Nearly every financial crisis can be traced back to a foundation of weak balance sheets that cracked under the pressure of excessive debt. Companies, households, and governments load up on debt during good times, only to struggle to repay those debts when the economy takes a turn for the worse.
Having a strong balance sheet, on the other hand, is the key to surviving a downturn instead of going bust when things get bad. I'll show you a few ways to determine the strength of a company's balance sheet.
But first, let's quickly go over the basics.
What is a balance sheet to begin with?
A balance sheet is simply a financial statement that summarizes an organization's assets, liabilities, and shareholders' equity. It gives viewers a snapshot of what's owned and what's owed, and it follows this simple formula:
Assets = Liabilities + Shareholders' Equity
It's called a balance sheet because the two sides of the equation are always in balance. We measure the strength of a balance sheet by taking a closer look at the makeup of the two sides of the equation to find out where it might crack under pressure.
To discover what makes up a strong balance sheet, we'll use this sample balance sheet as our guide:
Again, to reiterate the "balance" part of the balance sheet, note that at the bottom of that sample, we see total assets of $644.3 million is equal to liabilities of $244 million plus owners' equity of $400.3 million.
Now let's take a closer look to see how strong this balance sheet is by analyzing it with some common balance sheet ratios.
Strength is in ratios, not in numbers
There are about a half-dozen different ratios we can use to determine a balance sheet's strength. You can see the math behind these ratios at the top of the sample balance sheet above. However, we'll just look at a couple of these ratios in order to gauge the strength of this particular balance sheet.
The first ratio we'll use is the current ratio, which is current assets divided by current liabilities. The current ratio, which is also known as the liquidity ratio, tells us whether or not a company can pay back its short-term liabilities with its short-term assets. A ratio of less than 1 suggests that a company cannot currently meet its obligations with its current liquidity. That doesn't necessarily mean the company is heading toward bankruptcy, but it does mean the company needs to tap other sources of liquidity to meet its current obligations.
In our sample balance sheet, we see the current ratio is 0.45 times, which suggests that the company's current liquidity is weak. However, this is mainly because a large current portion of long-term debt is due, likely thanks to a balloon payment. This debt could be refinanced, or the company could look to sell either fixed or other assets to meet this obligation. This is why its important to look at more than one ratio and see whether the balance sheet is stronger than one ratio would lead us to believe.
To look a little deeper, we'll use the debt ratio and the debt-to-equity ratio. The debt ratio is simply total debt divided by total assets. A debt ratio of less than 1 tells us the company has more assets than debt, so the lower the ratio, the stronger the balance sheet. In the case of our sample balance sheet, we see that the debt ratio is 0.26 times, which tells us the company has plenty of assets to cover its debt, suggesting that the current ratio isn't much of a concern.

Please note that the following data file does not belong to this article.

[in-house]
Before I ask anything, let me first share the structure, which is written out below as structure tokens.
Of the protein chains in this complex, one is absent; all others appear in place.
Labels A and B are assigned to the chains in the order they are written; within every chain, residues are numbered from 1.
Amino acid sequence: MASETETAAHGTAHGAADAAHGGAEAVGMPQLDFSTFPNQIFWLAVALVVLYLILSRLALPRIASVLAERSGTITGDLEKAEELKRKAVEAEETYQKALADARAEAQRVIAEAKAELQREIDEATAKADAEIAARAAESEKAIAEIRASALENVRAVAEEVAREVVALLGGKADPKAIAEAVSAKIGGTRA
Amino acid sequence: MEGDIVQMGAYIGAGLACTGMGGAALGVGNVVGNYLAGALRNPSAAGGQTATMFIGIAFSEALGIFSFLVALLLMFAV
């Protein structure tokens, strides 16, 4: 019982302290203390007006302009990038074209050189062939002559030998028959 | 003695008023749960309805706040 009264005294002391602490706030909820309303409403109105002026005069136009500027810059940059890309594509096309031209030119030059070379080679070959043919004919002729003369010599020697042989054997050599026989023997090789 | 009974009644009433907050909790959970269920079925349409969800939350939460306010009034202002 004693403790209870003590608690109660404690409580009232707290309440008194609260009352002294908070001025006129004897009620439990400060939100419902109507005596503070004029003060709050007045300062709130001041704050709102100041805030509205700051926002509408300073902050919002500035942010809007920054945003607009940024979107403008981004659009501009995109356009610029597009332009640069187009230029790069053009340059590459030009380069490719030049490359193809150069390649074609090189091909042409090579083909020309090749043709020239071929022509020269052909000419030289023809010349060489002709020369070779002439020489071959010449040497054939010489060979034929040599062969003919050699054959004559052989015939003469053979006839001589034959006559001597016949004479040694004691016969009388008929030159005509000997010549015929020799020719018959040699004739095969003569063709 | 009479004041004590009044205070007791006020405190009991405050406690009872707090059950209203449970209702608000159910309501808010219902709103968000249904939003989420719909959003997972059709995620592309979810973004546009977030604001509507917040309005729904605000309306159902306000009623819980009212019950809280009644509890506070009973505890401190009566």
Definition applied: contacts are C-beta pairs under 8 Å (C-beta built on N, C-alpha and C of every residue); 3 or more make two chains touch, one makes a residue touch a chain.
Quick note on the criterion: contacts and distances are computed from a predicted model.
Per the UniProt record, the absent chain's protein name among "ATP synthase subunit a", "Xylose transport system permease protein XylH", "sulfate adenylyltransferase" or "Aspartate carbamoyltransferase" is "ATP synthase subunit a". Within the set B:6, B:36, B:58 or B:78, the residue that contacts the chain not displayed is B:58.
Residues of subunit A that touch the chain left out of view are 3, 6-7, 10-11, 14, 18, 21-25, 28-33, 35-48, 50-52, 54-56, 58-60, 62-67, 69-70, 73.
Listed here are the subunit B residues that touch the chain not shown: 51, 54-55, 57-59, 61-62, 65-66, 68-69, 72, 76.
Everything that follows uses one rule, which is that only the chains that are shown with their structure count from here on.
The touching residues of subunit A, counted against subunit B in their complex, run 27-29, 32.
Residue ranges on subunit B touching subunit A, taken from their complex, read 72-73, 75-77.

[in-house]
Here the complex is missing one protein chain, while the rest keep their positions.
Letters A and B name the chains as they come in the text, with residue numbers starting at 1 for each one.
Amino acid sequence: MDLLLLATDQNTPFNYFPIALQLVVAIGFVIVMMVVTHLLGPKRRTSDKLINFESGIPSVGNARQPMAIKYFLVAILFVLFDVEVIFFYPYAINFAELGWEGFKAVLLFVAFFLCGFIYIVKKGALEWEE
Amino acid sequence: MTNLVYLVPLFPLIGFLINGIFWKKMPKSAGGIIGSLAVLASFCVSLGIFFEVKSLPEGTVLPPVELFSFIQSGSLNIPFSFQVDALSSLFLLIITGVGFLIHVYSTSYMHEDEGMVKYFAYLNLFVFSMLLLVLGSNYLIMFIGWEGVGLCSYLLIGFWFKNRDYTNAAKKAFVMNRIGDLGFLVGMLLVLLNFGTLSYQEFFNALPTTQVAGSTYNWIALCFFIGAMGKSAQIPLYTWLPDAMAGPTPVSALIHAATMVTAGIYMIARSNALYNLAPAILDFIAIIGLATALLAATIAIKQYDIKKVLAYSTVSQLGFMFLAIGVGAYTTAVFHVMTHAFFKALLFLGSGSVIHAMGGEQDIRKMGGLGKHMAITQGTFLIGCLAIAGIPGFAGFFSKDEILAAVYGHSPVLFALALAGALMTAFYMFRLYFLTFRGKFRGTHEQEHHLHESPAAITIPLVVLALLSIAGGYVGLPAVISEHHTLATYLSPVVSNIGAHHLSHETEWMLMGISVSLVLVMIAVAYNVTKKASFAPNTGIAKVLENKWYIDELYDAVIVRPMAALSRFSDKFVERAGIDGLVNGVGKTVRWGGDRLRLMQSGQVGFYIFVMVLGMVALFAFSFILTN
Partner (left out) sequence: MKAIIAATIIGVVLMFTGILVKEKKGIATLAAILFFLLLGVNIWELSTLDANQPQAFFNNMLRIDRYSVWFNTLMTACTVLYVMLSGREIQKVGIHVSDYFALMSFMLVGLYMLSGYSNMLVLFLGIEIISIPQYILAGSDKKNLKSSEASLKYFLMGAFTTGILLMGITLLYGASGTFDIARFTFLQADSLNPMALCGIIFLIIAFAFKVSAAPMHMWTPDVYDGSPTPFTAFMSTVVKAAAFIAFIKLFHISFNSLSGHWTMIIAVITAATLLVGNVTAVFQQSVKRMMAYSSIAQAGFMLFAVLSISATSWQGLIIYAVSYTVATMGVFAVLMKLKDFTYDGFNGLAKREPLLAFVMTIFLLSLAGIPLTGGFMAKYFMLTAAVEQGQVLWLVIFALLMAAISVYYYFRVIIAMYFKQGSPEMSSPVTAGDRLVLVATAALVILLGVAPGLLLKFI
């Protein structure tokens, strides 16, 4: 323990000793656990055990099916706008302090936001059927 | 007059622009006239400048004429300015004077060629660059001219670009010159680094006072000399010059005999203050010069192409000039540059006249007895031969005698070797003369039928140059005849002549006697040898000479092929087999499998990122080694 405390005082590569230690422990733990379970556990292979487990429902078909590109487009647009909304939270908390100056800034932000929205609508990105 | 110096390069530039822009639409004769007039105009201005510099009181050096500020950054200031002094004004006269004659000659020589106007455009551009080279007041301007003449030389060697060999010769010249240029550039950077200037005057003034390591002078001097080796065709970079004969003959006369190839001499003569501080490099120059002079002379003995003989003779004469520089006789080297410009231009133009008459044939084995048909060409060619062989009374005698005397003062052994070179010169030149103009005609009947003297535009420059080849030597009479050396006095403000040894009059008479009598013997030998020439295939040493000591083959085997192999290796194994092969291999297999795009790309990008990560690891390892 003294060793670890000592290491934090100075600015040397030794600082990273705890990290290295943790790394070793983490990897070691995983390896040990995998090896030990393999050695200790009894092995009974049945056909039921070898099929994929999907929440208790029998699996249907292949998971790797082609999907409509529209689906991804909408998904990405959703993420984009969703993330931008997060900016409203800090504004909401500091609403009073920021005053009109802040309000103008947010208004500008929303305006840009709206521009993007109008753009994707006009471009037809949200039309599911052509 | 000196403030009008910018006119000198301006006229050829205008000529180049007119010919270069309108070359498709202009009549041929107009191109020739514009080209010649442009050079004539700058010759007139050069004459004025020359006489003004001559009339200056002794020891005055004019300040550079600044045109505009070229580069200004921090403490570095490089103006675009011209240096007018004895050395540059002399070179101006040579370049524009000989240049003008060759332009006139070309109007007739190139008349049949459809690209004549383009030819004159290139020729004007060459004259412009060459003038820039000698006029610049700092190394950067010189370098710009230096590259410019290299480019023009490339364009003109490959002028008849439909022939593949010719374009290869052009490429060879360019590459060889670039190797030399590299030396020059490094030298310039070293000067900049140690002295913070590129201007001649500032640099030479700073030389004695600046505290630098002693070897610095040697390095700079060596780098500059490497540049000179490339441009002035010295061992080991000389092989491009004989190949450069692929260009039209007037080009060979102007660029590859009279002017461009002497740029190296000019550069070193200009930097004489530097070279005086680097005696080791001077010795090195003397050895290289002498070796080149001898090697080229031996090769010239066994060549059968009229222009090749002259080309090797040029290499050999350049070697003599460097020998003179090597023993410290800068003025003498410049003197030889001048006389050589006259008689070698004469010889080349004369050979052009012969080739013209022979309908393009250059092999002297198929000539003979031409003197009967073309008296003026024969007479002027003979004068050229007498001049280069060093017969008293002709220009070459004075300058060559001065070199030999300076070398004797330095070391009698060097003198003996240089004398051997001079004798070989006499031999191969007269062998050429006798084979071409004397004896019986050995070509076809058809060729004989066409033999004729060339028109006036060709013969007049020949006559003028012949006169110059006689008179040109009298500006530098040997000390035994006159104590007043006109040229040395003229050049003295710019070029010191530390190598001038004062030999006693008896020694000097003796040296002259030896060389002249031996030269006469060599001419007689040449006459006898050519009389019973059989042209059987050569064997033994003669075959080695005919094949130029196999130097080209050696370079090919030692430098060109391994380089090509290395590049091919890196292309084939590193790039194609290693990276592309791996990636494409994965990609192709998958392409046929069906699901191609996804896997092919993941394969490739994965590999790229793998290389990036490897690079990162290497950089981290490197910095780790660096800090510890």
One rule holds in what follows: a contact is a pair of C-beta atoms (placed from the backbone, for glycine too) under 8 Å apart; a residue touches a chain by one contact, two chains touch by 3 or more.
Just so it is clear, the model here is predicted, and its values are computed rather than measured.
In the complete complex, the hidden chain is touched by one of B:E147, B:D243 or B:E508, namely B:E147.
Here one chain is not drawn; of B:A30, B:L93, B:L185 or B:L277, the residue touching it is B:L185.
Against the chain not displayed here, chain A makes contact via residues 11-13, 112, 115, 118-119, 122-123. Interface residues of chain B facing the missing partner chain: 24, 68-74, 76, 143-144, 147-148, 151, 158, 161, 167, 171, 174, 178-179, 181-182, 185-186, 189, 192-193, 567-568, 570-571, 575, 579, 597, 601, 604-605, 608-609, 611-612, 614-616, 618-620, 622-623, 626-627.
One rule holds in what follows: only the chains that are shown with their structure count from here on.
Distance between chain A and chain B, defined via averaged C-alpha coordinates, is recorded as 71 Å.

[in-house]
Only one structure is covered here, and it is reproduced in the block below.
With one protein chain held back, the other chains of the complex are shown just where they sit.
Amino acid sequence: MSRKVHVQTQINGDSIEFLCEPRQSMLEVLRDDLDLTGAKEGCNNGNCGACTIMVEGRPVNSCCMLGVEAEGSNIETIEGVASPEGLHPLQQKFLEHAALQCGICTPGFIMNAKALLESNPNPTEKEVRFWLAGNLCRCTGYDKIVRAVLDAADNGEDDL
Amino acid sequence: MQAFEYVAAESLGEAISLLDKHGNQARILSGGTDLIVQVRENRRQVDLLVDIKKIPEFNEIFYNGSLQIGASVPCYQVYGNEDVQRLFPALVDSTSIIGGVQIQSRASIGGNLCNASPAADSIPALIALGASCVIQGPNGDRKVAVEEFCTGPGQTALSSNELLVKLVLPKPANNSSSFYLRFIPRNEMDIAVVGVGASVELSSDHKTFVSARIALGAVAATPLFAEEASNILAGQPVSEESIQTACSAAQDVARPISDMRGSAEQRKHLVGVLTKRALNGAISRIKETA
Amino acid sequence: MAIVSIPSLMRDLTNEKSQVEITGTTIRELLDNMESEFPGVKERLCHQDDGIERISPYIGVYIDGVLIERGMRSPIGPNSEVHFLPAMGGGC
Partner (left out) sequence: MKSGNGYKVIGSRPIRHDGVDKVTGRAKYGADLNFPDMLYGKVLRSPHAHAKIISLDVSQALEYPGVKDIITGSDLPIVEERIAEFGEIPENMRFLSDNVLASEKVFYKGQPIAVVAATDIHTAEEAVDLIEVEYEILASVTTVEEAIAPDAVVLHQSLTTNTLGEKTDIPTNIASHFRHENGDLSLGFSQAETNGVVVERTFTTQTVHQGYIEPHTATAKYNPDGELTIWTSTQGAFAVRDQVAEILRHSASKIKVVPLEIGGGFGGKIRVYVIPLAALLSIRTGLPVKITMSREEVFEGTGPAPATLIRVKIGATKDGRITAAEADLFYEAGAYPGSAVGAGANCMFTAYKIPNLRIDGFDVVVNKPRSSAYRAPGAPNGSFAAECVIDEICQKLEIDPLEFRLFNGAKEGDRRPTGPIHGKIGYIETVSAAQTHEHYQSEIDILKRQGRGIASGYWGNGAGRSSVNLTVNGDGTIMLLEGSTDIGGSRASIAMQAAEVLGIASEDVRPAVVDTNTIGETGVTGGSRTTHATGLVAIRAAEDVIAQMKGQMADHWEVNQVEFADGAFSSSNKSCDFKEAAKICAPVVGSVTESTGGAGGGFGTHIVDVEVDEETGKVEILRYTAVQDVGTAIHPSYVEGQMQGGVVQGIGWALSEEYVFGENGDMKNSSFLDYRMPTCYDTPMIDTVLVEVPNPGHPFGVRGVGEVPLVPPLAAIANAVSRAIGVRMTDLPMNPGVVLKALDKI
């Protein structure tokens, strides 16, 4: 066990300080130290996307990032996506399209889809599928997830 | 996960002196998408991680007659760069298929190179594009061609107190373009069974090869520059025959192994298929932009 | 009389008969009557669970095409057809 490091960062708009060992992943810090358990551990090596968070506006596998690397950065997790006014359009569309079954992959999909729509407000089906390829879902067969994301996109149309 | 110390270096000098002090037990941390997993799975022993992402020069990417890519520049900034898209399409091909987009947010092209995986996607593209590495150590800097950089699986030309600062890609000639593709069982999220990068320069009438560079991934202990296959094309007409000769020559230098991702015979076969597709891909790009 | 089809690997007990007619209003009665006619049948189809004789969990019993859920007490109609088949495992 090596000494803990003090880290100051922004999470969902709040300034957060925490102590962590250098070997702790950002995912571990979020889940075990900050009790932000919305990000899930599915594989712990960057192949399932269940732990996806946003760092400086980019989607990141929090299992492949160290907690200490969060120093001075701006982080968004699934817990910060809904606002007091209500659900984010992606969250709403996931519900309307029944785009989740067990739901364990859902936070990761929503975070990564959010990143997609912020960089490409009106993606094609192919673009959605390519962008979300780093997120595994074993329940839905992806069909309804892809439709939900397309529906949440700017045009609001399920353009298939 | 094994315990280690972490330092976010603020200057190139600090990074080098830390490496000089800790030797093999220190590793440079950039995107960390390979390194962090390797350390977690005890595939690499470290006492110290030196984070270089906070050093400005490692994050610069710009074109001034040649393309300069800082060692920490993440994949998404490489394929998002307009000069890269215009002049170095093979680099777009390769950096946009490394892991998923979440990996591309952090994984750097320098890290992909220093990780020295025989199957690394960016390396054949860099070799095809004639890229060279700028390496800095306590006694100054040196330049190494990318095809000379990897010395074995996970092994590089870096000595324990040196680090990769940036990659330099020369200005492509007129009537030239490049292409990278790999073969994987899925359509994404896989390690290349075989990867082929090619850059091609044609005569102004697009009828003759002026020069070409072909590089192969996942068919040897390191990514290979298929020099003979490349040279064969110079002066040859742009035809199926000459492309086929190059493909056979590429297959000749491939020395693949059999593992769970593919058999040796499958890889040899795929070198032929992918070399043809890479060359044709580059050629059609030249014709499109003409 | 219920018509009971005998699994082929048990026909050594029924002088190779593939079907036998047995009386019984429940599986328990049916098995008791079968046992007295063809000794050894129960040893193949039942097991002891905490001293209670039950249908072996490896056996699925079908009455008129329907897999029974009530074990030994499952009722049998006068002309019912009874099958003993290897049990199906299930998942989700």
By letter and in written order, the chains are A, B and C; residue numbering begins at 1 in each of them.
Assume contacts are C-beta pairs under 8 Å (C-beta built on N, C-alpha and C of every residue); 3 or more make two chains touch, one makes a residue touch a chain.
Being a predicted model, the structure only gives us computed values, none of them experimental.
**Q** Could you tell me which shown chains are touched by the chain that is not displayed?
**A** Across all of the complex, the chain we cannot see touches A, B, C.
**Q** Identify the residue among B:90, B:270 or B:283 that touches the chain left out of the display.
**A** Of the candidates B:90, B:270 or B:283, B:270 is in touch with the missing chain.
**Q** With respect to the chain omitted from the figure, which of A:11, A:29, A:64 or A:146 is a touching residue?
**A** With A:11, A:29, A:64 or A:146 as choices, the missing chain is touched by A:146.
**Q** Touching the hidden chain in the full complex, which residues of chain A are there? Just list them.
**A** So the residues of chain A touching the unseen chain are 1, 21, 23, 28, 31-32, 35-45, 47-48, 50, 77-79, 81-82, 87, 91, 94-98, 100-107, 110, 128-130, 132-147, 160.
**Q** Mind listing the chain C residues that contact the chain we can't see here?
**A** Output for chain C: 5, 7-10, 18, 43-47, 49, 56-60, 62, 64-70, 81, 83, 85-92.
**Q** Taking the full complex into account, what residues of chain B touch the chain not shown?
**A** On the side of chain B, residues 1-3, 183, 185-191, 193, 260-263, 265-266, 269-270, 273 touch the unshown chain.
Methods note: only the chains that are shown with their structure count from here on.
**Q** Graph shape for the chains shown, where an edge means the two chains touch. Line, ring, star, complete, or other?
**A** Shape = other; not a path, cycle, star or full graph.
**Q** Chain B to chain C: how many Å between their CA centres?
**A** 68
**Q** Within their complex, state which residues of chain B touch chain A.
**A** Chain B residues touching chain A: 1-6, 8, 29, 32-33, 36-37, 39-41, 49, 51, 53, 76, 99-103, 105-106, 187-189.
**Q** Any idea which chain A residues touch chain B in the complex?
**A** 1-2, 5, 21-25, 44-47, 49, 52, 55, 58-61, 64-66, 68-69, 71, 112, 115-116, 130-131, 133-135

Finally, we'll briefly look at the debt-to-equity ratio, which measures the company's financial leverage. It is calculated by dividing liabilities by shareholder equity. Here again, a higher debt-to-equity ratio is a sign of a weaker balance sheet. That said, there is no line in the sand to say that a ratio above 1, for example, is a concern, as it varies by industry. In the case of our mythical company's balance sheet, we find that its debt-to-equity ratio of 0.42 times would be safe in almost any industry.
Add it all up, and our sample balance sheet is in decent shape. Current liquidity is weaker than we'd like to see, but the other debt ratios are strong, which suggests the company could weather almost any storm.
Cheat sheet: Check the credit rating
Running a number of financial ratios will help investors better understand the relative strength of a company's balance sheet. In addition to that, investors should take a closer look at a company's credit rating, because an investment-grade credit rating by one of the big rating agencies is a sign that the balance sheet is strong, especially if its rating is toward the higher end of the spectrum.
While credit ratings are only opinions about the company's credit risk, these opinions matter. For example, junk-rated companies have been shut out of the credit markets during bleak economic times, making it impossible for them to roll over debt and thereby forcing them to go into bankruptcy. Meanwhile, a higher-rated firm is typically given more time and leeway to work out its issues. Suffice it to say that the stronger the credit rating, the stronger the balance sheet and the better a company can endure a rough economic stretch.
While the exact ratio is up for debate, a strong balance sheet absolutely needs to have more total assets than total liabilities. We'd also like to see current assets higher than current liabilities, as that means the company isn't reliant on outside factors to meet its obligations in the current year. Another good indication of a strong balance sheet is an investment-grade credit rating. This suggests the company's balance sheet has been thoroughly tested and deemed strong enough for debt investors to earn a relatively safe return under many different market conditions.
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